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'Coach for the broken': Judging DC, rugby's patron saint of lost causes who's working wonders with the Tahs

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24th May, 2022
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Darren Coleman answered the help wanted ad. Almost a year later, he’s the toast of New South Wales rugby.

His happy Waratahs beat the bloody Crusaders, have the Hill starting to fill, and seem clearly Australia’s second best team, a finals smoky with eight wins in Super Rugby Pacific and a 2014 swagger again.

Who predicted this? If they say they did, we need to check.

In March of 2021, plenty of sky blue ink issued on these very pages about the shamefulness of sacking jut-jawed Kiwi Rob Penney.

“He didn’t have Hooper and Simmons and Hanigan!” went the cry. “Give him time! It will take years!”

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Penney looked the part of head coach. A rugged No 8 from Canterbury, but players aren’t always good coaches. In fact, great players are just about never good coaches; they cannot explain what they never had to figure out.

So, 0-8 and 0-5 with 292 points in the red, after a 1-5 and minus-110 season in 2020 and a 12-place finish in 2019, the Board hired a guy who barely played rugby at all.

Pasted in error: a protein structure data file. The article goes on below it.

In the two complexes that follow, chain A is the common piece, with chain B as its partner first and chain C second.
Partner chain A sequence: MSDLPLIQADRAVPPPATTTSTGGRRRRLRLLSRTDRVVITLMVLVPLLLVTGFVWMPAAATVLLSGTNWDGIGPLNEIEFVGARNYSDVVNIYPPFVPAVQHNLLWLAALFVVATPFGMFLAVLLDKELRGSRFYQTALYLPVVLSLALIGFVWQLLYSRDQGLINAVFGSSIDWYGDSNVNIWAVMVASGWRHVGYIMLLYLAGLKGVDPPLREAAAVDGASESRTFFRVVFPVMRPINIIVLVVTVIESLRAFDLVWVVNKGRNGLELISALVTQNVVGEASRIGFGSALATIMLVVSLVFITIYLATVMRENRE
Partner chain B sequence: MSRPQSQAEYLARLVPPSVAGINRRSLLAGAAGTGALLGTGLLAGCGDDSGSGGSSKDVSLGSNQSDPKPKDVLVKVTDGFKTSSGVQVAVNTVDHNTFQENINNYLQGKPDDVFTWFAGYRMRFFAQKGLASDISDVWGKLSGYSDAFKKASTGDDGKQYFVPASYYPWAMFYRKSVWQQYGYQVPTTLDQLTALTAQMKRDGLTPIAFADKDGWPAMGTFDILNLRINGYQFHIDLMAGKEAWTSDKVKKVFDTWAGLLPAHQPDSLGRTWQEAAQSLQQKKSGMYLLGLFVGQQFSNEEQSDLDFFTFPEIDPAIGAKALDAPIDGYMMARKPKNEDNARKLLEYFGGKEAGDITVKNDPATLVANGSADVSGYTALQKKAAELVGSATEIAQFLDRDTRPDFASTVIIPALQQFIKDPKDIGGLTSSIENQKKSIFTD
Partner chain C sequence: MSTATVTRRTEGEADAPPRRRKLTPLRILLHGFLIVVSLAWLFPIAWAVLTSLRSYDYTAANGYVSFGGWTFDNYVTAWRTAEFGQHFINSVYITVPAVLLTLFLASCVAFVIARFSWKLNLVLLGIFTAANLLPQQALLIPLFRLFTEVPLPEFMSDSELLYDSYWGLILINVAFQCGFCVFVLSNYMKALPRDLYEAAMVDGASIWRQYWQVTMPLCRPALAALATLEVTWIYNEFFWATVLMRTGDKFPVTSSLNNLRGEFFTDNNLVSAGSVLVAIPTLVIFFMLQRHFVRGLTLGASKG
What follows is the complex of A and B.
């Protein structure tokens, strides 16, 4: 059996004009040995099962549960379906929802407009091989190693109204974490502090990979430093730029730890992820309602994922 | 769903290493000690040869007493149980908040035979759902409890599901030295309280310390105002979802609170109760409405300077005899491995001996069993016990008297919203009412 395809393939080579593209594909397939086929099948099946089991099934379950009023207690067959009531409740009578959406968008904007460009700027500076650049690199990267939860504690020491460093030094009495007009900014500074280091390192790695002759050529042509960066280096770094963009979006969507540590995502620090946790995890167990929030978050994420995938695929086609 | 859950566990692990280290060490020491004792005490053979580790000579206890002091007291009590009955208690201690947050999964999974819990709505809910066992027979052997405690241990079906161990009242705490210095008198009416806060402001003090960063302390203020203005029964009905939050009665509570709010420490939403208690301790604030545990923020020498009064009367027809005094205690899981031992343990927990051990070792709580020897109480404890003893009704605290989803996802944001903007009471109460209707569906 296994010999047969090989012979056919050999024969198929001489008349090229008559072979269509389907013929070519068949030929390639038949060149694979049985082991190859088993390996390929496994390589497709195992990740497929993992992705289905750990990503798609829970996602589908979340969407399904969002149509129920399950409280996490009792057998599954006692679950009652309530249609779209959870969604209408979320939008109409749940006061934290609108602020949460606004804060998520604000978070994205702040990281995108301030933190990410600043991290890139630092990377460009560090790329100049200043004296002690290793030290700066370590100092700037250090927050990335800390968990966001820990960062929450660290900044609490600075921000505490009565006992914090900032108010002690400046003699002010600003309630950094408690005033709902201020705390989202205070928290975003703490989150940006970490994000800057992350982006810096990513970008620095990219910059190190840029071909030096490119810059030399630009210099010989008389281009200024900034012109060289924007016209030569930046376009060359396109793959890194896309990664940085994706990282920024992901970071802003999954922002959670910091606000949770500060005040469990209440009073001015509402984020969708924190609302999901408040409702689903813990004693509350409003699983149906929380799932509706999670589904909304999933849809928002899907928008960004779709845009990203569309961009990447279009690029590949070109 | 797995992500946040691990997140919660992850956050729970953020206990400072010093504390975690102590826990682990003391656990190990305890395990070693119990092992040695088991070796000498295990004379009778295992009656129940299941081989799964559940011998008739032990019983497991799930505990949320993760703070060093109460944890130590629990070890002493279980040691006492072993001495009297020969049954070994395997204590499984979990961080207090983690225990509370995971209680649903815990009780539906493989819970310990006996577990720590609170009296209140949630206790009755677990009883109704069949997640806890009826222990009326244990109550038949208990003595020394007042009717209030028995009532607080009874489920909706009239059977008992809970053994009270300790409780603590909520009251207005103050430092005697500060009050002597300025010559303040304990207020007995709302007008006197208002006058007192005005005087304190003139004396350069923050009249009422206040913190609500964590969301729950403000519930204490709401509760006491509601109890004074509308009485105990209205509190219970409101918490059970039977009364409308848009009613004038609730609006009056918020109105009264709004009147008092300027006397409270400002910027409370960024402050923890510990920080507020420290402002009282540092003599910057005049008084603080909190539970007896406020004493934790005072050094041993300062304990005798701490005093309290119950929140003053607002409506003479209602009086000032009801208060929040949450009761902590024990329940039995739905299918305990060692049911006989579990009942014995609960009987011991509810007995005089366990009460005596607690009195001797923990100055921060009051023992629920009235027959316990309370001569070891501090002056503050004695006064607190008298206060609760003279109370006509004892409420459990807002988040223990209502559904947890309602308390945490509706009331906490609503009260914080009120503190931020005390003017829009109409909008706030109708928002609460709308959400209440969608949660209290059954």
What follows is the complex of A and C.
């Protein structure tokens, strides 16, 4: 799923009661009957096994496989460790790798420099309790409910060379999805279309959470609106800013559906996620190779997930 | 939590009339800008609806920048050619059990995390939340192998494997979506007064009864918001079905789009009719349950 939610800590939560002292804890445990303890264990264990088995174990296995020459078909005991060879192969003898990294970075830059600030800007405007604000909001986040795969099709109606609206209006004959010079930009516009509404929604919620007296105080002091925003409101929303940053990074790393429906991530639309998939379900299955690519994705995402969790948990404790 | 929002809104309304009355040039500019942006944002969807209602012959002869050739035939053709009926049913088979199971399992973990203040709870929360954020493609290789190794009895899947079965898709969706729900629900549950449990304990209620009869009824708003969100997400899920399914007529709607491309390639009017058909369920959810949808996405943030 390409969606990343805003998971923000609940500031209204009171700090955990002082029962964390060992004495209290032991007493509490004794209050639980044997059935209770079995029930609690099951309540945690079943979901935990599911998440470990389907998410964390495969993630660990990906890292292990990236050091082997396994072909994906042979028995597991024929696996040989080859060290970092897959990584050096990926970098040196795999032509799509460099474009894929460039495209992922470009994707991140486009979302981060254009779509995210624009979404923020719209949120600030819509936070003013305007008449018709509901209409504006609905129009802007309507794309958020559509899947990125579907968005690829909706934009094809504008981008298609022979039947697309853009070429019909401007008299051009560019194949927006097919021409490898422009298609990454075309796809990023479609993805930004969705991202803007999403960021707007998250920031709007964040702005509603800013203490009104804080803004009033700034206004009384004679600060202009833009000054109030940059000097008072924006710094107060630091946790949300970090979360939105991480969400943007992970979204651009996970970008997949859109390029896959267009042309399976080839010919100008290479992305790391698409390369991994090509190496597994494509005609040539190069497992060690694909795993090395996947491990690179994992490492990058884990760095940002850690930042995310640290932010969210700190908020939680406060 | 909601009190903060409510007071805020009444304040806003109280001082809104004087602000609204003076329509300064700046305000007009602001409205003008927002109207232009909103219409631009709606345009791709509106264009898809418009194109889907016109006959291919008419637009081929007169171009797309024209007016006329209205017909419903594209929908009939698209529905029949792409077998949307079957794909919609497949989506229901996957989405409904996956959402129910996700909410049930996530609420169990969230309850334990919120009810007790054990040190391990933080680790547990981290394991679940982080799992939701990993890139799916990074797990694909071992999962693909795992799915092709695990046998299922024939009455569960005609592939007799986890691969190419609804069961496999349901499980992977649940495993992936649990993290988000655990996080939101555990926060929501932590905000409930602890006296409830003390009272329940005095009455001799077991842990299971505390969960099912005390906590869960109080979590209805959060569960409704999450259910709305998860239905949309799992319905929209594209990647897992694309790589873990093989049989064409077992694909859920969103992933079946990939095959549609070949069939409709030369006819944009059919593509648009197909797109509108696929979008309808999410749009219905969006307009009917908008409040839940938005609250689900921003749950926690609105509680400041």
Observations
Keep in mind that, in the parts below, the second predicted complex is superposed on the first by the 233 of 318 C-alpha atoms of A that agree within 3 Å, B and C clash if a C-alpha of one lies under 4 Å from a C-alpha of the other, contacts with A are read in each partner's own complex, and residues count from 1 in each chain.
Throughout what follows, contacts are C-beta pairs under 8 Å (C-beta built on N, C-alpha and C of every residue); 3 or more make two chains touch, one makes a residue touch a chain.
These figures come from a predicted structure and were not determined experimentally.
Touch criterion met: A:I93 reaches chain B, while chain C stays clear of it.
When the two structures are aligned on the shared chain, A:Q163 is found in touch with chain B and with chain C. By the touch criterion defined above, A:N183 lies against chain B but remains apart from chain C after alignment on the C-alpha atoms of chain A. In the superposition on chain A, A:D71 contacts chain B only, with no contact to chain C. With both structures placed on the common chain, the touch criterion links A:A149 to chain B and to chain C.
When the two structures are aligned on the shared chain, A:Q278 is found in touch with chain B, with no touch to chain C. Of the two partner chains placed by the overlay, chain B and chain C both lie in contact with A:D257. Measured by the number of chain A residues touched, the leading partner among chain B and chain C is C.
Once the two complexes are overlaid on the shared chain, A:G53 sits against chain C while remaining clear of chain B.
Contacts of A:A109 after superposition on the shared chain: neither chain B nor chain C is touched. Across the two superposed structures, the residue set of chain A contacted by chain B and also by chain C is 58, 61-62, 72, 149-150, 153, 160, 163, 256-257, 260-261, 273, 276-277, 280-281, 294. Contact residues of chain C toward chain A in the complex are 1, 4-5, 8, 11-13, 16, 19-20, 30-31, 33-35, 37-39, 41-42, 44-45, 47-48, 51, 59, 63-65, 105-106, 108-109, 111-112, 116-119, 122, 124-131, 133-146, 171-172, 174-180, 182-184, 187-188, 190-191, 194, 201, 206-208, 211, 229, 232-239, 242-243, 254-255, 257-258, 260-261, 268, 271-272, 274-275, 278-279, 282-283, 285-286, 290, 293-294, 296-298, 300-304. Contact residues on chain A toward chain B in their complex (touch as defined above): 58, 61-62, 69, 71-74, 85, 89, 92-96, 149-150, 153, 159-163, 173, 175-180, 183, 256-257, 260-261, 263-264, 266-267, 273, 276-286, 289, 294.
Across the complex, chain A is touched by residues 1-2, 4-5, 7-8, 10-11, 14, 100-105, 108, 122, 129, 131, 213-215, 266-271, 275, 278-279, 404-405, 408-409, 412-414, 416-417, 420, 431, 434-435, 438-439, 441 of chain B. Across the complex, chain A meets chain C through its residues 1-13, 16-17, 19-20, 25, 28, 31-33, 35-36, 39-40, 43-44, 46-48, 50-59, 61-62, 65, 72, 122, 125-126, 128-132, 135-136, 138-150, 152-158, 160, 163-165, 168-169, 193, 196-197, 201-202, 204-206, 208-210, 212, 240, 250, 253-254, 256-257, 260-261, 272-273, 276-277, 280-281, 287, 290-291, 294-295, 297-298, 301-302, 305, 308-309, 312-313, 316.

And here he is, old DC, who played for the Cannonballs in Kempsey, the Rats of Warringah, and Wildfires of Newcastle, looking like the World Rugby Coach of the Year.

NSW Waratahs coach Darren Coleman (Photo by Getty Images).

NSW Waratahs coach Darren Coleman (Photo by Getty Images).

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Did he have the better team on paper? Not eight wins better.

When I looked at the team sheet from last weekend, when the Tahs beat NZ opposition on their soil for the first time in seven years or so, rolling over the Highlanders in Dunedin, I only saw a few new names and only one of them ‘household:’ ancient Jamie Roberts, who has largely been a 2022 passenger.

Yes, there was Geoff Cridge, Langi Gleeson and Dylan Pietsch, who weren’t around for 2021’s bloodbath, but that’s not a massive upgrade. Ned Hanigan and Michael Hooper have only just returned.

The 2021 squad had Tane Edmed, but not this Tane Edmed, god of fury and sound. Charlie Gamble was there last year, but not this mustache muscle monster making mischief. Ben Donaldson, Will Harris, Dave Porecki: all new men.

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Same captain, too; the tough-as-nails Jake Gordon, who always plays his heart out.

If Rob Simmons’ departure was the reason for pessimism, and if he was considered an unworthy replacement Jed Holloway took it personally, because he has been one of the players of Super Rugby in 2022, after being dumped by the Tahs in 2020.

Tane Edmed of the Waratahs passes the ball during the round one Super Rugby Pacific match between the Waratahs and the Fijian Drua at CommBank Stadium on February 18, 2022 in Sydney, Australia. (Photo by Brett Hemmings/Getty Images)

Tane Edmed (Photo by Brett Hemmings/Getty Images)

Holloway and other players, including Tom Robertson who left for the Force, reported team culture was in the pits and there were rifts and cliques amongst coaches and players. Robertson said “there’s a lot of off-field issues at the Waratahs” and Holloway affirmed: “Throbba I guess was just speaking his truth … it’s just more so around culture,” noting there was a need to “give guys the break away from footy.”

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A year ago many journalists asked derivatives of this: “Who would take this job? What coach in his right mind? Fire the board instead. This is a colossal error. Shameful!”